This is Only a Test: Autonomous Bus Service Underway


PROVIDENCE — While pickup trucks, SUVs, and luxury cars remain the vehicles of choice for many drivers, Rhode Island is looking ahead to a time when transportation may not revolve around vehicles that require human drivers and an endless thirst for gasoline.

The vision, at least in cities, is to expand past and new modes of transportation. State and municipal planners are advocating for urban neighborhoods that are more conducive to walking, biking, and taking bus and rail. Concepts include a proposal by Grow Smart Rhode Island for a rapid-rail line between Pawtucket and Warwick.

Electric and autonomous vehicles, along with low-carbon electric buses, are the new mobility entrants to join the Rhode Island Public Transit Authority (RIPTA) fleet. This week, the Rhode Island Department of Transportation (DOT) launched Little Roady, a self-driving shuttle service.

“Today we are at the forefront of autonomous vehicles,” Gov. Gina Raimondo said at a May 14 press event.

The fleet of six-seat, low-speed shuttles offer free drop-off and pickup along a 5.2-mile loop between the train station and Olneyville Square, a route currently without RIPTA bus service.

Despite all of the praise for the innovate mode of transit at the kickoff and 500 hours of testing at the Quonset Business Park in North Kingstown, the mantra of the day was: “This is a test. This is only a test.”

The $1.2 million public-private partnership was only funded for one year, with settlement money from the Volkswagen emissions scandal and the Federal Highway Administration. DOT has the option to continue the service for two additional years, but no source of funding has been named.

Speakers referred to the experimental service as a research and fact-finding project to learn about autonomous vehicles and how they fit into public transit and long-term transportation plans for Rhode Island and other states.

Data about ridership and impacts on the workforce and environment will be analyzed by a research team that includes Brown University, Brooklyn-based urban planners 3X3 Design, data firm STAE, and the Massachusetts Institute of Technology.

“It’s about collecting the data so that we can learn from this, so that we can use that to take it to the next level,” Raimondo said.

For now, the vehicles will have attendants at the wheel, or what’s called a T-bar, to monitor the driving and override the controls to respond to the ever-changing urban streetscape. Censors on all sides and on top of the vehicles identify and adjust to potholes, pedestrians in a crosswalk or on the sidewalk, and even slow for birds darting in front of the van.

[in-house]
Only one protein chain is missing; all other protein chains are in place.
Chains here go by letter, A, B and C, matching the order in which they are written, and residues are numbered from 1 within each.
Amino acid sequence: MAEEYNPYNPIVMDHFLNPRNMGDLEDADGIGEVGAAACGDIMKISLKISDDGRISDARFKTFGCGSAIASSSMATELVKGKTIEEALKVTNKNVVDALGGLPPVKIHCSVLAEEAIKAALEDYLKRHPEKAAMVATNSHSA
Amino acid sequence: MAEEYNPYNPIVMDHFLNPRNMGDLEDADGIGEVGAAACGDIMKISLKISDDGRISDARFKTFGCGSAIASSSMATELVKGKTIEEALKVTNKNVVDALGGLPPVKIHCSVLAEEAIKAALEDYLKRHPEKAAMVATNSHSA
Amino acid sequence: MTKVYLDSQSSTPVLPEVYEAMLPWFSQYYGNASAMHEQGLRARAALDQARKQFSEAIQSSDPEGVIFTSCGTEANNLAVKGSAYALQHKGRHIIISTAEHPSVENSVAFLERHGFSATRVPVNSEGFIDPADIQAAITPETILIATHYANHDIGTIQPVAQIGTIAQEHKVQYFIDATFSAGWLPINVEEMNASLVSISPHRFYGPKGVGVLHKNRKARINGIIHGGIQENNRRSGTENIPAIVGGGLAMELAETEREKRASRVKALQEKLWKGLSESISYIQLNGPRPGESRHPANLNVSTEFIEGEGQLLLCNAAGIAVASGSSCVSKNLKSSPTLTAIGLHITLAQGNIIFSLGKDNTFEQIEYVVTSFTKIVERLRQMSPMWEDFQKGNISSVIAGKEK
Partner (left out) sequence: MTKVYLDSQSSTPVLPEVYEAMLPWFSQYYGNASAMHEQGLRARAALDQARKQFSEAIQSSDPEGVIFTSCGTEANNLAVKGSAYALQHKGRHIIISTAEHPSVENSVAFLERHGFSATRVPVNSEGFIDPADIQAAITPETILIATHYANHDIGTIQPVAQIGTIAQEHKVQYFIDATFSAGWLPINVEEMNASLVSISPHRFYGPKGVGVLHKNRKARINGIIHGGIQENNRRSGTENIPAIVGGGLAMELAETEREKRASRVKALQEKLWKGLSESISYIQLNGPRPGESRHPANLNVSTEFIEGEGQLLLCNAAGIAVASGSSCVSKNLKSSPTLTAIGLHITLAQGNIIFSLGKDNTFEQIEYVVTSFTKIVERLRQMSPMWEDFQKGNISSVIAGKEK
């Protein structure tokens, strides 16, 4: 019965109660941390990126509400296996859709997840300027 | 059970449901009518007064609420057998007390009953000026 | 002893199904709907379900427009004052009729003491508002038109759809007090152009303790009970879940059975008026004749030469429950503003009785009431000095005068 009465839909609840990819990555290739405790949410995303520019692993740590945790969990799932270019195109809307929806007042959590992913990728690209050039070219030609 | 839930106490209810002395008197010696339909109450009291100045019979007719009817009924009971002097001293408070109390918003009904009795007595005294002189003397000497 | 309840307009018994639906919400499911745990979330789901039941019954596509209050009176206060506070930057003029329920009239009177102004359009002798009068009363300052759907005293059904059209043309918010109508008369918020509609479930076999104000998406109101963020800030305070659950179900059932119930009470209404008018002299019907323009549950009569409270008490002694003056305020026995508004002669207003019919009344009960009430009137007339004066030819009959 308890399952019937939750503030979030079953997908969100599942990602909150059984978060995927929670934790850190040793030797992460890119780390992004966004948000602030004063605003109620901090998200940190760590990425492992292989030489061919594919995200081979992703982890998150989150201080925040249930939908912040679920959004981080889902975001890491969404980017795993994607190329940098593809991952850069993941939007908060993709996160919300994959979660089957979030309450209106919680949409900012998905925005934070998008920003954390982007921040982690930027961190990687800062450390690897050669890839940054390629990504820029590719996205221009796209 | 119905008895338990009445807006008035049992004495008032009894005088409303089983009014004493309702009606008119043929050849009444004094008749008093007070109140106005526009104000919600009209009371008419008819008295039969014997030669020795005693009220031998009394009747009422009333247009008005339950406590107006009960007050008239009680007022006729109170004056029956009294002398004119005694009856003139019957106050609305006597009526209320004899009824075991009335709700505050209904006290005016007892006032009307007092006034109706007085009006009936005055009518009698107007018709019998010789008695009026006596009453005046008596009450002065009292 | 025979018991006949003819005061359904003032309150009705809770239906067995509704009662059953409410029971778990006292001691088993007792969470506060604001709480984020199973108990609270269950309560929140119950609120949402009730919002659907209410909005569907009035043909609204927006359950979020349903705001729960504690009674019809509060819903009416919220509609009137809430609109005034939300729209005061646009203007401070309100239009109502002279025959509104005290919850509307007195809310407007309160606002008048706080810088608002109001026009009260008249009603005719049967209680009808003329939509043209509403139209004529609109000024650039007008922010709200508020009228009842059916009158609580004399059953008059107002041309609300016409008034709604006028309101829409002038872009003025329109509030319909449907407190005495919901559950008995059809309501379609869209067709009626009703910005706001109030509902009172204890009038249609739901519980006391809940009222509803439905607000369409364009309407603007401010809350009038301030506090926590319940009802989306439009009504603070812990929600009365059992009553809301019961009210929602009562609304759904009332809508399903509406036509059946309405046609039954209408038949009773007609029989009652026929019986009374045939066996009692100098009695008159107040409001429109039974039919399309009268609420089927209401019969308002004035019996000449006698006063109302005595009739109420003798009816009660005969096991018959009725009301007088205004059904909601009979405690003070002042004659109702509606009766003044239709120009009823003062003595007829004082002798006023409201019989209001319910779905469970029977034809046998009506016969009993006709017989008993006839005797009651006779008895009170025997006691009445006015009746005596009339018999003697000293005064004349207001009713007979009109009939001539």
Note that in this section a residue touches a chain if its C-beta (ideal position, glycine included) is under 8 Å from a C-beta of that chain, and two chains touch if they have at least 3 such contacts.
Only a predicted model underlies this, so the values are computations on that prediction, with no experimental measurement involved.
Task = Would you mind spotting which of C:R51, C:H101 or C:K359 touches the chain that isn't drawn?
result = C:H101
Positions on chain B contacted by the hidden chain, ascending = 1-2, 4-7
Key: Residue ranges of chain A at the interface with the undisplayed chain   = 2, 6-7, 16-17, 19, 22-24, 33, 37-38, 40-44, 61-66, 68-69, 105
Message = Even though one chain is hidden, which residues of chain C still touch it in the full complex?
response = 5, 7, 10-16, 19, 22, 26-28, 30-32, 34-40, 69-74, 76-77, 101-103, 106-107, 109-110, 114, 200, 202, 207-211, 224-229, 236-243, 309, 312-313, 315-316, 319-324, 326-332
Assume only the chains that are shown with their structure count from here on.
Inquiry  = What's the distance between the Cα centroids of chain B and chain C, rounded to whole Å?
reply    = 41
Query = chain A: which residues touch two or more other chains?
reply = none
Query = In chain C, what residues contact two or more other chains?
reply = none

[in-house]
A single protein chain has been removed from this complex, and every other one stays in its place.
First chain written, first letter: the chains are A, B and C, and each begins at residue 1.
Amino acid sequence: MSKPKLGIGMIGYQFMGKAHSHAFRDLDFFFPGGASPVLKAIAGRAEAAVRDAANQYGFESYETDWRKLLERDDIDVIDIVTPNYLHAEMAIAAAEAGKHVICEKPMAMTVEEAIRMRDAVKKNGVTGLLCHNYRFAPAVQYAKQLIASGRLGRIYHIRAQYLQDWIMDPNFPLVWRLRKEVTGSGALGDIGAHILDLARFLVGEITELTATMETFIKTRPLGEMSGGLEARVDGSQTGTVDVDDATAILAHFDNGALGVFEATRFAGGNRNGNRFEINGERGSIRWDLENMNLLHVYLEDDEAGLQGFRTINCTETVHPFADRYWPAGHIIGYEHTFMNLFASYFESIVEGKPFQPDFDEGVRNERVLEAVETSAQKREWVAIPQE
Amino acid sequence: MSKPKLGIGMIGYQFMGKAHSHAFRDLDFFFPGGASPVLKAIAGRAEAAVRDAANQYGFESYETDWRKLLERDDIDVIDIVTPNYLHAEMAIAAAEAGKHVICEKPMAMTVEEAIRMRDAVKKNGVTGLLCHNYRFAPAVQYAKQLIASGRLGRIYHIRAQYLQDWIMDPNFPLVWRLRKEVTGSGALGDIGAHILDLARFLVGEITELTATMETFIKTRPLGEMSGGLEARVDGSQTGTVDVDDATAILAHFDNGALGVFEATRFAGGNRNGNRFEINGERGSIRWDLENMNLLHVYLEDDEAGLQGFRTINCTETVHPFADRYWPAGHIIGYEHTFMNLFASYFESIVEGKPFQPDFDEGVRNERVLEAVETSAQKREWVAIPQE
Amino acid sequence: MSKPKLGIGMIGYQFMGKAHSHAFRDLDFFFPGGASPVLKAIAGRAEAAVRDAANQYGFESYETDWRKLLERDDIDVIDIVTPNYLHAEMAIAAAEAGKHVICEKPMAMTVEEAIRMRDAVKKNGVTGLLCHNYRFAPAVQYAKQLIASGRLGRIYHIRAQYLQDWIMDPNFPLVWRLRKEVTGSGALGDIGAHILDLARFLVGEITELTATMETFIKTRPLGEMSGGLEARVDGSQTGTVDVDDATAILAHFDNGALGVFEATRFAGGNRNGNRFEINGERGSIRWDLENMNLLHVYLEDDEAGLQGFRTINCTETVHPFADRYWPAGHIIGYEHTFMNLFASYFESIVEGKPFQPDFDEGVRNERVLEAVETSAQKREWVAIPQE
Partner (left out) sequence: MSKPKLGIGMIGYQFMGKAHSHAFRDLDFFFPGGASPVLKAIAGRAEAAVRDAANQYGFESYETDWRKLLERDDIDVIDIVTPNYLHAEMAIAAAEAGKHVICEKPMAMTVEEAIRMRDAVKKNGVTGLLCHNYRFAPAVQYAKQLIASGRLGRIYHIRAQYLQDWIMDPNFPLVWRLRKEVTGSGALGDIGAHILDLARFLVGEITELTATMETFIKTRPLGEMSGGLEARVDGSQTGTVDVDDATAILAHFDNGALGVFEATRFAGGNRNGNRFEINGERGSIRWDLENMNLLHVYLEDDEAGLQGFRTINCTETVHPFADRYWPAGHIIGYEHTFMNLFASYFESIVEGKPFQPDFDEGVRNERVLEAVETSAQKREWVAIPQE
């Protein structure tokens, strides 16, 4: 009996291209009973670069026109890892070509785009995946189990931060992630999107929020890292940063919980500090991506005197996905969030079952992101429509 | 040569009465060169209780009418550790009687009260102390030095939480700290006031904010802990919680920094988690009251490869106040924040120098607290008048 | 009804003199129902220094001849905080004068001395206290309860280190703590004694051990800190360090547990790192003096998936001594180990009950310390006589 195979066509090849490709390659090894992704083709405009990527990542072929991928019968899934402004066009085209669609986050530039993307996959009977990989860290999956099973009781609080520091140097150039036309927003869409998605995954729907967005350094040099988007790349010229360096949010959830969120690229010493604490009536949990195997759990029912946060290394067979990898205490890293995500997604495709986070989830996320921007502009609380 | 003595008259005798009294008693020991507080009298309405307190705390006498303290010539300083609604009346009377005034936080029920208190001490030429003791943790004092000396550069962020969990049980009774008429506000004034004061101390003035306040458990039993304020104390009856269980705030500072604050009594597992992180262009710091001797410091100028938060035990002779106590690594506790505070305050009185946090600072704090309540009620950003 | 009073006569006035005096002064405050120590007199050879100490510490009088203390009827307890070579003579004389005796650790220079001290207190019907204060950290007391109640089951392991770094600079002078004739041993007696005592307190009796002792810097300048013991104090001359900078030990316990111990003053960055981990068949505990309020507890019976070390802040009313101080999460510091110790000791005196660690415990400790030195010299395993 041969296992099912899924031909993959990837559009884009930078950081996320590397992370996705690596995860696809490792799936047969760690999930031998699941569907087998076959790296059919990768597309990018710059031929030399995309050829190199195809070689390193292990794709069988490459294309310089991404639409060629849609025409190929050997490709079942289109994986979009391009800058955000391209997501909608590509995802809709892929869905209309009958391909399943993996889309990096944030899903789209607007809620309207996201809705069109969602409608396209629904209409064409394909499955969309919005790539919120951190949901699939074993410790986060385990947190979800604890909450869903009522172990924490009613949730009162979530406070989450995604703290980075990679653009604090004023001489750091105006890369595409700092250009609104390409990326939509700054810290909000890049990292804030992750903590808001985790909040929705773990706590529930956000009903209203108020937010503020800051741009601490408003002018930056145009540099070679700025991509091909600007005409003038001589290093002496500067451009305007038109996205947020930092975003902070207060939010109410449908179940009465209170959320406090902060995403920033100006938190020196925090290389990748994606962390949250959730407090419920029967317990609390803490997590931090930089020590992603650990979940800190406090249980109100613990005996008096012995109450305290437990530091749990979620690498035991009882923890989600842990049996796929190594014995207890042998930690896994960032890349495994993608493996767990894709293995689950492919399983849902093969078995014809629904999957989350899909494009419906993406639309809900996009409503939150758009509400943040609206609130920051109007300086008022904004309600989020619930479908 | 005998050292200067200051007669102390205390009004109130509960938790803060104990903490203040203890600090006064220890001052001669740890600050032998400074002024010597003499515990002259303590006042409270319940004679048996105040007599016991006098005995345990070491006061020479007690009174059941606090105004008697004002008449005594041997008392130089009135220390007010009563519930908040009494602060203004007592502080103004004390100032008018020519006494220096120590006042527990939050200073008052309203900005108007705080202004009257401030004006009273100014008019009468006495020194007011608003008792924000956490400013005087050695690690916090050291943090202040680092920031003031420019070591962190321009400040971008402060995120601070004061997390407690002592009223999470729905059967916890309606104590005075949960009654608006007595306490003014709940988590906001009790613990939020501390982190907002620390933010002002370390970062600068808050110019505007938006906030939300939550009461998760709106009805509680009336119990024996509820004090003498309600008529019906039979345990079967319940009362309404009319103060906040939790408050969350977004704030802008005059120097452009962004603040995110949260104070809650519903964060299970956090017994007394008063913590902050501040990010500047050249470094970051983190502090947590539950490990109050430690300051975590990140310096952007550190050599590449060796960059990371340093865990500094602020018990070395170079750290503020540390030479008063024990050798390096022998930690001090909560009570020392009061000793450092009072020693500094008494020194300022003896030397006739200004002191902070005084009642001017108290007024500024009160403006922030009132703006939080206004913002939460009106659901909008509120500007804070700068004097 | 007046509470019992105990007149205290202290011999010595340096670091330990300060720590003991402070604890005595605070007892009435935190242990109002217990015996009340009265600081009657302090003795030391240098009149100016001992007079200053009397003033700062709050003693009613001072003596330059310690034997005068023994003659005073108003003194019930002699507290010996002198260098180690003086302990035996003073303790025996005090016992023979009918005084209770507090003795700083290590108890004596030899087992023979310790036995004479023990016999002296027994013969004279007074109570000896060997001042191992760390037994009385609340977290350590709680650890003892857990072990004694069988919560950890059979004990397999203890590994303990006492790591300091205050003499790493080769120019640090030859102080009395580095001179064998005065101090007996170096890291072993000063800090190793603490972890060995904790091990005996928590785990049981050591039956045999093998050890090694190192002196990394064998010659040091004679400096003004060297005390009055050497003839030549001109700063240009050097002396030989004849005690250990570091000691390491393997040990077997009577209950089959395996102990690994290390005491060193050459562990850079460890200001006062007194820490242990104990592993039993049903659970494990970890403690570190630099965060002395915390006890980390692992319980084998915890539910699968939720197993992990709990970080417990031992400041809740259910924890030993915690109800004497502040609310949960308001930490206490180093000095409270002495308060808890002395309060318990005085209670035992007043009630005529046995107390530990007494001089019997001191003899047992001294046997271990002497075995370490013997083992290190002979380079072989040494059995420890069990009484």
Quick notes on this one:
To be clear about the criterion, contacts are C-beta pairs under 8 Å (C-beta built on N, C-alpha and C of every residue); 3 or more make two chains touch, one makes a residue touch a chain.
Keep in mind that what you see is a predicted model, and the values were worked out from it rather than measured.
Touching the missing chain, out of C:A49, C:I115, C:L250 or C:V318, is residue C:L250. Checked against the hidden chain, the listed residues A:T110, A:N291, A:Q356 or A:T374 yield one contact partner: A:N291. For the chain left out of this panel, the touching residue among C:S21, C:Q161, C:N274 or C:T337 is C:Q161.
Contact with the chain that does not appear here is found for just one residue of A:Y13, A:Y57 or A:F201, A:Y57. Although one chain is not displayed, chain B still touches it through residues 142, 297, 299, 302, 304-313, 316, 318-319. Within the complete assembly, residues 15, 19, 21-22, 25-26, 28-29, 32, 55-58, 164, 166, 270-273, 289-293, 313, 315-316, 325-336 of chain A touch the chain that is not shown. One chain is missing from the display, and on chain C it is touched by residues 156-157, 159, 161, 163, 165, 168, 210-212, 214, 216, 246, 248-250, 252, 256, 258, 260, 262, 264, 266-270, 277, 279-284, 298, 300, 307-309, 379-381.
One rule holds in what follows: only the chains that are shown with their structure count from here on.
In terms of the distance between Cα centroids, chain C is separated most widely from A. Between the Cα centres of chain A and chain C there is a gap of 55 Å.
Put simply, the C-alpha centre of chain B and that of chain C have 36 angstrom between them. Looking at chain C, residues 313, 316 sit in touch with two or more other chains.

What is learned from the mini-bus service will inform the Rhode Island Transportation Innovation Partnership (TRIP), a study of autonomous transportation by RIPTA, DOT, the state’s Division of Motor Vehicles, and the Quonset Development Corp.

May Mobility Inc., of Ann Arbor, Mich., will run the service and maintain the vehicles. The company launched an autonomous shuttle service for a Detroit company in 2018. May Mobility’s chief operating officer, Alisyn Malek, said Little Roady is the first autonomous public transit service.

The Little Roady shuttle service will operate seven days a week from 6:30 a.m.-6:30 p.m. and service 12 stops along Valley Street, Promenade Street, and portions of Delaine Street and Smith Street around the Statehouse. See a live map of shuttle locations here.


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  1. I happen to live in one of those urban neighborhoods that are more conducive to walking, at least on parts of the sidewalk that are not so badly in need of repair or roads that have holes on the edge that you have to be careful not to step into. In some places, if you happen to twist an ankle and fall the wrong way you would get hit by a car. I know there is only so much money to go around and decisions have to be made, but we do tend to get ignored down here at the south end of the state until people in Providence want to go to the beach or spend some time in nature. Driver-less transportation is a nice experiment, but not the best way to allocate funds, IMHO.

  2. Funny, how the shuttle misses Kennedy Plaza where I suspect many people would benefit from a lift between the bus stop and the train station. Such a connection would create an incentive to use a RIPTA bus to get to the train station instead of taking a car and paying exorbitant parking rates.

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